WASHINGTON, D.C.—Welcome to today’s hearing. I’m pleased Commerce Secretary Gary Locke is here to share his ideas on the future of American manufacturing. I’d also like to welcome Congressman Steny Hoyer. As House Minority Whip, Congressman Hoyer has been leading the charge to strengthen America’s middle class by “Making it in America” again.
Over the last century, manufacturing was the engine of America’s prosperity. Henry Ford’s assembly lines were a model of industrial efficiency, providing jobs and good pay to American workers at the turn of the century. During World War II, Americans’ prowess and productivity turned the tide of the war and cemented our place as the world’s largest and most dominant manufacturing economy.
After the war, the world watched as America continued to build, make and create. Great American icons, like General Motors and Boeing, grew and prospered. American manufacturing became synonymous with ingenuity and American know-how. The jobs it supplied grew our economy. A large, vibrant middle class was born.
But today’s manufacturing sector is a shadow of its former self. In the last decade alone, more than 5 million manufacturing jobs have disappeared and 57,000 factories have closed.
Even America’s iconic inventions – and iconic brands – are no longer made here. Mattel Toys – the largest toy company in the world – closed their last American factory in 2002. 65 percent of their products are now made in China. The last time a pair of Levi jeans was made in America was in December 2003.
Across the nation, plant shutdowns have devastated small towns and communities. I’ve seen it happen in West Virginia. When a factory closes, it creates a ripple effect with far reaching consequences. It’s not just the plant workers and their families that suffer, but the entire town. Local shops and restaurants lose business. Tax revenues go down, impacting schools and emergency services.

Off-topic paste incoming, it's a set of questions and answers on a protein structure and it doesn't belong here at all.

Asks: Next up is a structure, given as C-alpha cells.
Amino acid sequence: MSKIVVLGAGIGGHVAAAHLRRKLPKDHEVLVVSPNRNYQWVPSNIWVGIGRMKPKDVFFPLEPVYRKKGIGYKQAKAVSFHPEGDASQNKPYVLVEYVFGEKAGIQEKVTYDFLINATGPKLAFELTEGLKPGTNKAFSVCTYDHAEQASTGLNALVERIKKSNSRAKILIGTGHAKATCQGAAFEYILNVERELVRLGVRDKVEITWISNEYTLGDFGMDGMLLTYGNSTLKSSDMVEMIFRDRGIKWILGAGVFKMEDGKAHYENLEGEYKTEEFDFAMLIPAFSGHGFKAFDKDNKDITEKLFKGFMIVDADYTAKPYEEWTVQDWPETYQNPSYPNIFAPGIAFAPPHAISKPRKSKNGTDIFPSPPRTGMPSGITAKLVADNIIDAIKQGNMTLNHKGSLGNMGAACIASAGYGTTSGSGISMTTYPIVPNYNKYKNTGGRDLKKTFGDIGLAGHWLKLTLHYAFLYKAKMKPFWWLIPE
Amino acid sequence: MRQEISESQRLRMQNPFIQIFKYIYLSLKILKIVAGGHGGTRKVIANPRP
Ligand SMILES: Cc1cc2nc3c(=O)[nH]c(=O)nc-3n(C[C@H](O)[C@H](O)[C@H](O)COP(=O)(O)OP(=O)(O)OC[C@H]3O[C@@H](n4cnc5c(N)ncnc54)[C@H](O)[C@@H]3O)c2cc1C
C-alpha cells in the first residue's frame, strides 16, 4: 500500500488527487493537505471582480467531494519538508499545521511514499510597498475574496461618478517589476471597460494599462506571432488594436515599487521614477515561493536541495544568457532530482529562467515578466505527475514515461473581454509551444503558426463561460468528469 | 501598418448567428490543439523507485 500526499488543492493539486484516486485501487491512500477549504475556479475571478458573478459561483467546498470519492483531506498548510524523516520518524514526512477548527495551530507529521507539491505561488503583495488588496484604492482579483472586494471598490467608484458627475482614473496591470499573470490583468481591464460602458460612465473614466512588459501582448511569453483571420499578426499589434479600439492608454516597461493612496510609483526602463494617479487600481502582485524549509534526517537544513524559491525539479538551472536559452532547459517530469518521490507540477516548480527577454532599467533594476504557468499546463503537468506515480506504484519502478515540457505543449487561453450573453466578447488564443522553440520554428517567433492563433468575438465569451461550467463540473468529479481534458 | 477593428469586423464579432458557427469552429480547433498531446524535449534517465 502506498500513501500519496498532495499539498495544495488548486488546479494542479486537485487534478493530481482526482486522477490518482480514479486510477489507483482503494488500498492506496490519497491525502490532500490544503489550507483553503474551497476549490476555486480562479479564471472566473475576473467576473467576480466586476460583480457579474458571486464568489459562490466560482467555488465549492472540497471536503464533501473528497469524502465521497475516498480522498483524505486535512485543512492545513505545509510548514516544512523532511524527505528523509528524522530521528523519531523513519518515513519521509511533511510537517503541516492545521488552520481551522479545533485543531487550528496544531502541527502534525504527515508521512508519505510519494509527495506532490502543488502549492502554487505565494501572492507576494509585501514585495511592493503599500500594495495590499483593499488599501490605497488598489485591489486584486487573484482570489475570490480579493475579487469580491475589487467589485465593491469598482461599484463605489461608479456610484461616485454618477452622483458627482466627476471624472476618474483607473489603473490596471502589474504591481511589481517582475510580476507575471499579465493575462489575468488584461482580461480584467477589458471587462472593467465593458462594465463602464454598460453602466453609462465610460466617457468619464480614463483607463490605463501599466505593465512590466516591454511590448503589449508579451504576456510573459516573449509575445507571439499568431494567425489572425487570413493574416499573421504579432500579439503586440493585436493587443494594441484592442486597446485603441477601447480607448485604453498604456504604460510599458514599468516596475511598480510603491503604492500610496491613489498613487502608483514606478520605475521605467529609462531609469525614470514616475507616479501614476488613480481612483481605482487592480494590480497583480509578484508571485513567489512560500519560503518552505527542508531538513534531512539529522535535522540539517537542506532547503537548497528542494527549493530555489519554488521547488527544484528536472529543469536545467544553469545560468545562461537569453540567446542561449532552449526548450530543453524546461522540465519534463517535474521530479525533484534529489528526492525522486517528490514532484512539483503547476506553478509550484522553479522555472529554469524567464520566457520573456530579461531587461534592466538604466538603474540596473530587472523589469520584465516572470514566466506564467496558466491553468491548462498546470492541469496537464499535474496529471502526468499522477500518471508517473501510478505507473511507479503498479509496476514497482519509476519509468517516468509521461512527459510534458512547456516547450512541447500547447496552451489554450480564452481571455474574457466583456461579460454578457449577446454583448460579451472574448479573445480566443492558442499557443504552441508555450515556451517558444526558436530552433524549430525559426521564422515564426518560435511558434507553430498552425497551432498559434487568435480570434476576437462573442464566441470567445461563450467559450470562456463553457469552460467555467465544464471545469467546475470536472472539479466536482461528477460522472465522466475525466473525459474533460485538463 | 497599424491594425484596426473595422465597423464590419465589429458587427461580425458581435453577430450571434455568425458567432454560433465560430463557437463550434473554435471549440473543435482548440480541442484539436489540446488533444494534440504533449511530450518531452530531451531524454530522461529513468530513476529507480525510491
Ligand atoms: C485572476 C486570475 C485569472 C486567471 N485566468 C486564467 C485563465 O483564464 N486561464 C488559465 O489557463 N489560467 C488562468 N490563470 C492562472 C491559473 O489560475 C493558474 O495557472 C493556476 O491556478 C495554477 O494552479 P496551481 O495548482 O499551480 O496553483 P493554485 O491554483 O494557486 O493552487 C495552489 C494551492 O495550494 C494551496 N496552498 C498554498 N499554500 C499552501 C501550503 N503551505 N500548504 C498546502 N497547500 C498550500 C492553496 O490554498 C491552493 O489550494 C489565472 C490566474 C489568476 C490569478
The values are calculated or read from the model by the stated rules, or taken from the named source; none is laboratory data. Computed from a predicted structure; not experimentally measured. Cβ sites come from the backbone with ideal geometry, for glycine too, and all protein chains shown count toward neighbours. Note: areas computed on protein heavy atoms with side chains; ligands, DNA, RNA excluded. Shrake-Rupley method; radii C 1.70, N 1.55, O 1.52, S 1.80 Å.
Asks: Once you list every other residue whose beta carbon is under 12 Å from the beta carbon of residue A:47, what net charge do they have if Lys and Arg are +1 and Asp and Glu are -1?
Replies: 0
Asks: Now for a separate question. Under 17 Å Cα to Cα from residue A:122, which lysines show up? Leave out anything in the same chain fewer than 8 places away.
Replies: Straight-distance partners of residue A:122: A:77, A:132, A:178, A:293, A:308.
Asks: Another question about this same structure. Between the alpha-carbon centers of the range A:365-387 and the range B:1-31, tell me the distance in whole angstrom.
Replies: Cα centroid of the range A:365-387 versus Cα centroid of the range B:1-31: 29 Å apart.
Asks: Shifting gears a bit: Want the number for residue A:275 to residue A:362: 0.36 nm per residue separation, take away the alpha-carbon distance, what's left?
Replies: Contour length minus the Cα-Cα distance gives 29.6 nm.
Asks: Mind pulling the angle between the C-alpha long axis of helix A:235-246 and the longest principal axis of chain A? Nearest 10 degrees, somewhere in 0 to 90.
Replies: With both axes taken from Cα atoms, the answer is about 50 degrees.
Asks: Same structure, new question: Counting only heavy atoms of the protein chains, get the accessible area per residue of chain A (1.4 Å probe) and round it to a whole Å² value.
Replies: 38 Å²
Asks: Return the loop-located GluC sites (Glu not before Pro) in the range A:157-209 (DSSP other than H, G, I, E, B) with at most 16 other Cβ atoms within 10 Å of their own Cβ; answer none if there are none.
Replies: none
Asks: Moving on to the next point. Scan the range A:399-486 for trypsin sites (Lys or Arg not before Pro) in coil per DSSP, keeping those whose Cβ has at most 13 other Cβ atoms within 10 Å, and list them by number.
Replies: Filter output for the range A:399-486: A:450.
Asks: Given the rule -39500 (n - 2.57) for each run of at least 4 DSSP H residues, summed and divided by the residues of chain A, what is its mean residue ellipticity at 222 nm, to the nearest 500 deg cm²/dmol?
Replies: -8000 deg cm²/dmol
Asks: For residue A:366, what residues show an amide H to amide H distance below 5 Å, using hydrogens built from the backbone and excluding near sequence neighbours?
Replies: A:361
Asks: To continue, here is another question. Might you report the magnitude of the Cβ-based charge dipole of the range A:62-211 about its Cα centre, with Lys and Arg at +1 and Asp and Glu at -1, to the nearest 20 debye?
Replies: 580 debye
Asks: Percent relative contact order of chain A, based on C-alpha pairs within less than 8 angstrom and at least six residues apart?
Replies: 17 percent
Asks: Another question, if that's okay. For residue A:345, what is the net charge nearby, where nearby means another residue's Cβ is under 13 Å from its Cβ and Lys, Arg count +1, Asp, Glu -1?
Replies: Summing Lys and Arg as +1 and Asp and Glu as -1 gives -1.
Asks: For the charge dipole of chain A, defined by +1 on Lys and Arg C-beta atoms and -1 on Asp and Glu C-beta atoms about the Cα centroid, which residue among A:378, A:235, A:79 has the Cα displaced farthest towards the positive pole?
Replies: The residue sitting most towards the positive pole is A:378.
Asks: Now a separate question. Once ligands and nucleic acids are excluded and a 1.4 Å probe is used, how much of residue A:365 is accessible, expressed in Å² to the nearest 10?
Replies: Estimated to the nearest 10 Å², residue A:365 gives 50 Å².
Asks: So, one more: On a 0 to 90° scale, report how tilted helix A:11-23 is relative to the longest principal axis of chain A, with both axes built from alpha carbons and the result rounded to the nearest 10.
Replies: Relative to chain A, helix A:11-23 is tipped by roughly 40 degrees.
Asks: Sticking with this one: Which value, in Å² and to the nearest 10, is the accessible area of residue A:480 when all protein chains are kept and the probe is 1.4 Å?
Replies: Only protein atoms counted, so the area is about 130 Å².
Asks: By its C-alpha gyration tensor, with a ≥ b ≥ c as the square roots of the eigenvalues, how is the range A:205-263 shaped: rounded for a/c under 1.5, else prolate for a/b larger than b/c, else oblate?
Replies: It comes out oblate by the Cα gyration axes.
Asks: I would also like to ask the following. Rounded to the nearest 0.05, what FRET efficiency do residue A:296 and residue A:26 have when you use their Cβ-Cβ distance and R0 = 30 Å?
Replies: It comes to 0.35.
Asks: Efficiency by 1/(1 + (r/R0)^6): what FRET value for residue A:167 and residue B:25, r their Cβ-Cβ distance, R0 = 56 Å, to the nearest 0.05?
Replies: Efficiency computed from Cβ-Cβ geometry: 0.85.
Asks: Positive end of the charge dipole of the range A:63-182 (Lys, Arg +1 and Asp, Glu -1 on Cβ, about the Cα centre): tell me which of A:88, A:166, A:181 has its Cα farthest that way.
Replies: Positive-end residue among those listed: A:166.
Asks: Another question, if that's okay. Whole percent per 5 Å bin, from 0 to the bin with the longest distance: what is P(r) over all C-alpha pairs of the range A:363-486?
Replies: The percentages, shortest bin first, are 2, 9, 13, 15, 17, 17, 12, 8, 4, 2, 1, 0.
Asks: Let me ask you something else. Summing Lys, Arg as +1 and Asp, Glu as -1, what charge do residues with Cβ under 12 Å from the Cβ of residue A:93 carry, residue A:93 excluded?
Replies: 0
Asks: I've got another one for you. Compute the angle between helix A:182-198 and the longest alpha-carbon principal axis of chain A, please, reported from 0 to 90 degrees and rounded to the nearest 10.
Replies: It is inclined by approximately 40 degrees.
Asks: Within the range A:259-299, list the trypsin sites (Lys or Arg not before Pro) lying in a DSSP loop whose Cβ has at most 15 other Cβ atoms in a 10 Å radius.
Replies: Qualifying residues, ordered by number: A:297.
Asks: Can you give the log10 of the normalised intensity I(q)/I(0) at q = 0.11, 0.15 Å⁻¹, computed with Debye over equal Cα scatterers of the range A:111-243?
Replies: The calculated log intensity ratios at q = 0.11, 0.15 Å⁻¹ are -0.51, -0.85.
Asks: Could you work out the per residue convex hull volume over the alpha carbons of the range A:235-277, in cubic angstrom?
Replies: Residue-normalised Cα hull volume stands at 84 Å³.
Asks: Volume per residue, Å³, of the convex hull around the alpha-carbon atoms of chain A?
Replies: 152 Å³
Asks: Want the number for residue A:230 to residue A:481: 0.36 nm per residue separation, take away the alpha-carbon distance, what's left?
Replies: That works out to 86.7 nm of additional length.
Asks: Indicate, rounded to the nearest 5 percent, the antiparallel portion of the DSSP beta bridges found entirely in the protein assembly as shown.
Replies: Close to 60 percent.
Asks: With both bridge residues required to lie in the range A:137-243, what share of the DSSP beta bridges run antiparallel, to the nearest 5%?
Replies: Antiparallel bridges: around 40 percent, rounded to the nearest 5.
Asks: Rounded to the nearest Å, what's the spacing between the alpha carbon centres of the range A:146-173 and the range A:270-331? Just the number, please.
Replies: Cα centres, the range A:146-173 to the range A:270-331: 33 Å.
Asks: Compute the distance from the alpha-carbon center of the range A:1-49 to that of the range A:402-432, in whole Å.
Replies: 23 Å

Now, there are some who say our manufacturing decline is inevitable. They claim that we do not need an industrial base; and that as long as we keep high-value work in the U.S., we’ll be fine. I couldn’t disagree more. That policy is usually espoused by people who sit at desks for a living and have not ventured into America’s industrial towns.
This country cannot subsist as a service economy. We will not thrive as a nation if we do not make things. In order to get our economy humming again, we need to buy – and make – American. Here’s why: On average, manufacturing workers get higher pay and more generous benefits than Americans in non-manufacturing jobs. Where manufacturing goes, research and development tend to follow.
Manufacturing has one of the largest multiplier effects in our economy. It is estimated that 2.5 additional jobs are created for every one manufacturing job. Think about it. Where there are factories, there are suppliers. Where there are suppliers, there’s a supply chain of producers –and more workers. And where there are workers, there are restaurants, cultural establishments and stores to sustain and entertain them.
Today, I want to hear from you, Secretary Locke, on what more we can do to grow America’s manufacturing sector and create more good-paying jobs.
I have some ideas about the role Congress can and should play. I’m proud of the work this Committee has done funding new investments in science, technology, engineering and math education. We recognized some time ago that if we are to prepare the next generation of workers for advanced manufacturing jobs, we need a highly trained workforce.
But there is more to do and no time to waste. Manufacturing is a jobs issue – plain and simple – and we must get this right.
This hearing is the first in a series I will hold on manufacturing and jobs in America. I want everyone’s best ideas on how we can encourage more manufacturing. These ideas, in turn, will serve as the basis for legislation to rebuild American manufacturing and make our country better, stronger and safer.
I look forward to hearing from you today. Thank you.